Iraq: Pledges at reconstruction conference below needed funds

Pledges by donors at the Iraq reconstruction conference held in Kuwait this week have failed to meet up the government’s close to $90-billion budget needed to rebuild the country in the aftermath of victory over the Islamic State group (IS).

Turkey appeared as the largest contributor. Ankara pledged $5 billion in the form of credit line and investment in Iraq.

Saudi Arabia, which has just begun thawing ties with its neighbor following decades of suspicion and apprehension, pledged $1 billion earmarked for project investment. The kingdom would also give $500 million to support Iraqi exports.

Gulf gas-rich country, Qatar pledged $1 billion in the form of loans and investments while United Arab Emirates (UAE) promised to draw a check of $500 million. Abu Dhabi also mentioned $5.5 billion investment in the Iraqi private sector.

Conference host, Kuwait according to its ruler, Emir Sheikh Sabah al-Ahmad al-Jaber al-Sabah, will give Iraq $1 billion in loans and will commit to another $1bn as investments.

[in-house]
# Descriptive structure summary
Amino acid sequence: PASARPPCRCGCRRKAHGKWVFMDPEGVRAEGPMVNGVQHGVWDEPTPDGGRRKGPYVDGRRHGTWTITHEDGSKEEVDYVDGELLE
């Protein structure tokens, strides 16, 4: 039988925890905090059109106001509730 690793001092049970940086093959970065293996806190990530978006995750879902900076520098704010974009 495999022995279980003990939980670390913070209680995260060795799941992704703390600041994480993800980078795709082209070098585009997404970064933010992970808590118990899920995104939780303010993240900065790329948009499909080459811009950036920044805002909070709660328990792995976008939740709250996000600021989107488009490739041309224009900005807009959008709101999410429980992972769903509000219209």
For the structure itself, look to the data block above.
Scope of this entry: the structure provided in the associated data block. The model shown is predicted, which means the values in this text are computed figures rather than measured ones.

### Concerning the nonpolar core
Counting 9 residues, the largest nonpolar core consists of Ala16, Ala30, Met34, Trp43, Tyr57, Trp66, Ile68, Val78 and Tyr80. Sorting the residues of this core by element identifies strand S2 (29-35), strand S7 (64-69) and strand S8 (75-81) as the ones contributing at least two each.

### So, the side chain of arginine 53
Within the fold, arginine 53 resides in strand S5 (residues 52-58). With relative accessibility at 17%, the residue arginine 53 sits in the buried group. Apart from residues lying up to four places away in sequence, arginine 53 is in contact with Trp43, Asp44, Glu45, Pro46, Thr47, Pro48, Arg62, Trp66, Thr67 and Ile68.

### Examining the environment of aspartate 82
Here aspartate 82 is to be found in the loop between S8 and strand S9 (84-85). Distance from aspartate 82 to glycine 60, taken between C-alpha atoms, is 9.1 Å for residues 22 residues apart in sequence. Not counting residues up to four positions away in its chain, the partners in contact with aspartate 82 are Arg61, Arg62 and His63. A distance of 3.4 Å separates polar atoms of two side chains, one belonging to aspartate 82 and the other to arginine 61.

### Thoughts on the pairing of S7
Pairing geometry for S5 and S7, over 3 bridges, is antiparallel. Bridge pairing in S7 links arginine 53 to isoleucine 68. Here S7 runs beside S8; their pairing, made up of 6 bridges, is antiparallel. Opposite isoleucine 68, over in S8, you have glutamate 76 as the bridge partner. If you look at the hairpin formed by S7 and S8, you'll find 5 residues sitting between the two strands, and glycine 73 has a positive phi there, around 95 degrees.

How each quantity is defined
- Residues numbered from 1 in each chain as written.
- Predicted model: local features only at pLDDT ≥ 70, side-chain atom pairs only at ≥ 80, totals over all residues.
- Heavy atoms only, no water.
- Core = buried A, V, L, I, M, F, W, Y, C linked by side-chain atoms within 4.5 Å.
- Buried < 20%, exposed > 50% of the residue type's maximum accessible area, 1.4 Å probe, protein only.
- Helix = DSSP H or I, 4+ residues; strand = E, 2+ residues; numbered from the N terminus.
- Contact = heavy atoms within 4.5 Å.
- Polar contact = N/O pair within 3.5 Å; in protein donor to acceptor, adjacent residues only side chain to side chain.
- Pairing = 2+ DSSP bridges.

Australia pledged $18 million as a contribution to the reconstruction program having as main focus housing.

“The widespread destruction of people’s homes, hospitals, schools and other critical infrastructure is a significant barrier to Iraqis returning home and resuming their lives” said the Australian foreign minister Julie Bishop.

According to the Iraqi ministry of planning estimates, nearly $90 billion are needed to implement the reconstruction program that seeks to give life to devastated cities and areas in the three-year fight against IS, which took control of most Sunni majority cities in 2014. Of the $90 million, $22 billion were required immediately.

In total, according to the host country, $30 billion were pledged on the final day of the conference, which was attended by 76 countries, numerous international funds and organizations and hundreds of investors.

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Posted by on Feb 15 2018. Filed under Headlines, World News. You can follow any responses to this entry through the RSS 2.0. Both comments and pings are currently closed.

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